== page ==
Ports: The ports on a video card are the way you connect a monitor to the card. Most modern graphics cards will feature at least one DVI or HDMI port. Higher end graphics cards often have multiple ports and can connect multiple displays at the same time.
Interface: This refers to the type of slot that connects the card to your computer. Most modern video cards will use a PCI-E x16. PCI-E 3.0 x16 is the latest standard for dedicated video cards, but many motherboards only include a PCI-E 2.0 x16 slot. The good news is a PCI-E 3.0 x16 card will work in a PCI-E 2.0 x16 slot, just at a slower maximum transfer rate than if it was in the native PCI-E 3.0 slot.
Power Requirements: Most dedicated video cards will require a certain wattage of power supply and require dedicated 6 pin PCI-E power connectors. Most 500 watt or higher power supplies will include these dedicated connectors.
If your computer has integrated graphics and you’re only doing web browsing, e-mail and other typical office tasks, there is no need to buy a dedicated graphics card. If you want to start playing games or take advantage of graphics card accelerated apps, then upgrading to a dedicated card is definitely worth the money.
Budget Graphics Card – EVGA GeForce GTX 650 Ti BOOST 1GB 01G-P4-3656-KR – $149.99
The GeForce GTX 550 Ti Boost edition is a fantastic card offering very pleasan game-playing experience at 1080p with medium to high setting depending on the game. The card features factory overclocked processor and memory timings, and has output ports for HDMI, DisplayPort and two DVI connections. For legacy VGA monitors, uses it comes with a DVI to VGA adapter. The card requires a 450 watt power supply and a dedicated 6 pin PCI-E port and works in both PCI-E 3.0 x16 and PCI 2.0 x16 slots.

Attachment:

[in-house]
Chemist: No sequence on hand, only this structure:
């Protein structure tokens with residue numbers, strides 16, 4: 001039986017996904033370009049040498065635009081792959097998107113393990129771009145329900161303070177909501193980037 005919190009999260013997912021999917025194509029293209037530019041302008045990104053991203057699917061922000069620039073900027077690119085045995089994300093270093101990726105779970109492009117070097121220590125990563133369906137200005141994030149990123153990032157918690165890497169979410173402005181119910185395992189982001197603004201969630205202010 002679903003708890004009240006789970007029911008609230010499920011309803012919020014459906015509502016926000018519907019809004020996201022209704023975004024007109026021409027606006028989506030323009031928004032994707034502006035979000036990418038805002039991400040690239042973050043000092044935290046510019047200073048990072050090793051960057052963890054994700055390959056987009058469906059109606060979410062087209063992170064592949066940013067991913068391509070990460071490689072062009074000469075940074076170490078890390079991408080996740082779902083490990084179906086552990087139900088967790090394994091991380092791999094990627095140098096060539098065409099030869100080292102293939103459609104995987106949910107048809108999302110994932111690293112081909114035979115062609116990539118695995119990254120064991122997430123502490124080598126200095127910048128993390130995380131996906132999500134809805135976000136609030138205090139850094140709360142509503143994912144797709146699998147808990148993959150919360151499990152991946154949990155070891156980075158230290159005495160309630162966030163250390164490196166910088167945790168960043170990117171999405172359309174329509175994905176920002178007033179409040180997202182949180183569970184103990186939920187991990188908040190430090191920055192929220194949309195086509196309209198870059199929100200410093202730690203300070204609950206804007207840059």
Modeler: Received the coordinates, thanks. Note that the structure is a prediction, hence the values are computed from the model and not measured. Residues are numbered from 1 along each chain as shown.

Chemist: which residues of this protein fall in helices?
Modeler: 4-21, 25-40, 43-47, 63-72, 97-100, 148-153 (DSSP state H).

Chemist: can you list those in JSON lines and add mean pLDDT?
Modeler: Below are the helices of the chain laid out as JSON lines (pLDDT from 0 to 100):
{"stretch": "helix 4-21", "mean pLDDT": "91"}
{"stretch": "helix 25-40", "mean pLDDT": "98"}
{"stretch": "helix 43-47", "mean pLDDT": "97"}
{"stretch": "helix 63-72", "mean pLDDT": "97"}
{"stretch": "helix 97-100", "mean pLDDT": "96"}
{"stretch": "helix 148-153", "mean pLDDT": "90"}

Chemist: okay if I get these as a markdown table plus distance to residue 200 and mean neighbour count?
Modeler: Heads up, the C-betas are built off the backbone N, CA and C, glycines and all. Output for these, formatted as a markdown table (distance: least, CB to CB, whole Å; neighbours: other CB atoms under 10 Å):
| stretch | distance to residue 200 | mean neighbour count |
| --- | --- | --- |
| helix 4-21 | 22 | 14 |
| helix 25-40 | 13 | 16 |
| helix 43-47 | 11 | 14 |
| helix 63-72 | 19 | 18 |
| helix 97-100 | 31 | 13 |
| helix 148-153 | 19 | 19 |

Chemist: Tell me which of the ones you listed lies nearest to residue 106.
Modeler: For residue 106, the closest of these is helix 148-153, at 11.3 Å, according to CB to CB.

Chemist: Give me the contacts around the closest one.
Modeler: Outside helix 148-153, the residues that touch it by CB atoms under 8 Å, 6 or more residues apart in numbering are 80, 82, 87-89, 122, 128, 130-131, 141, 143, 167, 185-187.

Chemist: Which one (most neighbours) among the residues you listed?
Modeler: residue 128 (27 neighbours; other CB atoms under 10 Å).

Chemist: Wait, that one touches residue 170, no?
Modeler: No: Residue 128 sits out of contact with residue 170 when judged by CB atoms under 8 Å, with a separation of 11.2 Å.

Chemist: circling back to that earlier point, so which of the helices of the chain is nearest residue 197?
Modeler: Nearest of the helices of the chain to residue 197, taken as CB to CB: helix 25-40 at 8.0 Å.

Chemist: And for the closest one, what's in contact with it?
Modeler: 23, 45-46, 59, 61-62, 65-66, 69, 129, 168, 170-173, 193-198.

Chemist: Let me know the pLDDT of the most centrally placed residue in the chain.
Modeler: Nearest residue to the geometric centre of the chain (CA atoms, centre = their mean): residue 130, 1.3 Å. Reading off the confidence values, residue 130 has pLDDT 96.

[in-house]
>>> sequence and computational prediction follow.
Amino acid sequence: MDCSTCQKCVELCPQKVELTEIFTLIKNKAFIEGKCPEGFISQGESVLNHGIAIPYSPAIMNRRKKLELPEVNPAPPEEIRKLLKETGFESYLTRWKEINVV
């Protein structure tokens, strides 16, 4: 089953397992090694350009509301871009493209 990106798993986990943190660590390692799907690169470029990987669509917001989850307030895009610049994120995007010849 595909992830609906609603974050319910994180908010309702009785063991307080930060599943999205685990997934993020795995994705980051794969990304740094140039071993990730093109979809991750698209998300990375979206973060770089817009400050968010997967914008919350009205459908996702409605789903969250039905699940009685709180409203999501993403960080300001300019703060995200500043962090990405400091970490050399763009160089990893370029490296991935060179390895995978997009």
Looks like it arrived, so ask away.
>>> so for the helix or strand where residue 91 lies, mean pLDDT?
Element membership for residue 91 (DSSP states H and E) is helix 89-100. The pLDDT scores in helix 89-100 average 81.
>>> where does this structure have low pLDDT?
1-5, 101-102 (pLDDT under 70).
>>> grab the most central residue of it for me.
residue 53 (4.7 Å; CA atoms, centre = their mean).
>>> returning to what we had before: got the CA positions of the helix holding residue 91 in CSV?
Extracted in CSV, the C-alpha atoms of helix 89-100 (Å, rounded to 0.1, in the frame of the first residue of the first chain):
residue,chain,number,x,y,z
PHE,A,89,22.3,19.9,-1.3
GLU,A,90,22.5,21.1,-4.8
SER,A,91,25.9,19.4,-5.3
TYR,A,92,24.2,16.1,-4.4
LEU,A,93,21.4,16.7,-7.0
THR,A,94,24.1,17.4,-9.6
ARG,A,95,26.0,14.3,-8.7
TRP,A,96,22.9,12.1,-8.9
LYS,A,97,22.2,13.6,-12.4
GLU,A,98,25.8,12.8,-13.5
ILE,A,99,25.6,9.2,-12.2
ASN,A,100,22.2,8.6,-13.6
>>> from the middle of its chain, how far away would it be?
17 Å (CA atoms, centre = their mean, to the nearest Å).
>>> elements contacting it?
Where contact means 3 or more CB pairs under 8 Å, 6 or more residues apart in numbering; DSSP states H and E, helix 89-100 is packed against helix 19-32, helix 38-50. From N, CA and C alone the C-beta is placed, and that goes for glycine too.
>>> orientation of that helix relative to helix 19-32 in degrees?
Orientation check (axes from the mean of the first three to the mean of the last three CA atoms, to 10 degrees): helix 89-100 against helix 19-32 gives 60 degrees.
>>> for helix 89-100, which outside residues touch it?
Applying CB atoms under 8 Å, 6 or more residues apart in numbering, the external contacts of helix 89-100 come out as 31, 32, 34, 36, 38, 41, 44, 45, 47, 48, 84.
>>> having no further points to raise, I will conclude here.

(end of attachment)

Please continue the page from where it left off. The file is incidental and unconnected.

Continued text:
Premium Graphics Card – XFX Double D Radeon HD 7970 3GB FX797ATDJC – $299.99
The Radeon 7970 Double D edition is an amazingly fast card which recently took a huge price drop to become a true value among performance video cards. At resolutions up to 2560×1600, you can max out every setting in a game and still have 30+ frames per second of smooth gameplay. The card features a factory overclocked processor and memory timings, and has output ports for HDMI, 2x mini DisplayPort and two DVI connections. The card currently comes with your choice of three games plus Crysis 3, which boosts the already great value.
The card requires a 500 watt power supply and two dedicated 6 pin PCI-E power connectors, and works in both PCI-E 3.0 x16 and PCI 2.0 x16 slots. I’d recommend a 650 watt power supply though, because if your buying this card you’re likely to also have some other power-hungry devices in your system. For maximum bandwidth, use it in the PCI-E 3.0 x16 slot if your motherboard has one. If I had to complain about the card, it would be the fact that AMD is not always as fast with driver updates and optimizations as Nvidia.
P.S. If you’re set on a performance video card but want a Nvidia card for the driver updates, a good alternative would be the Asus GeForce GTX 670 GTX670-DC2OG-2GD5 for $329.99.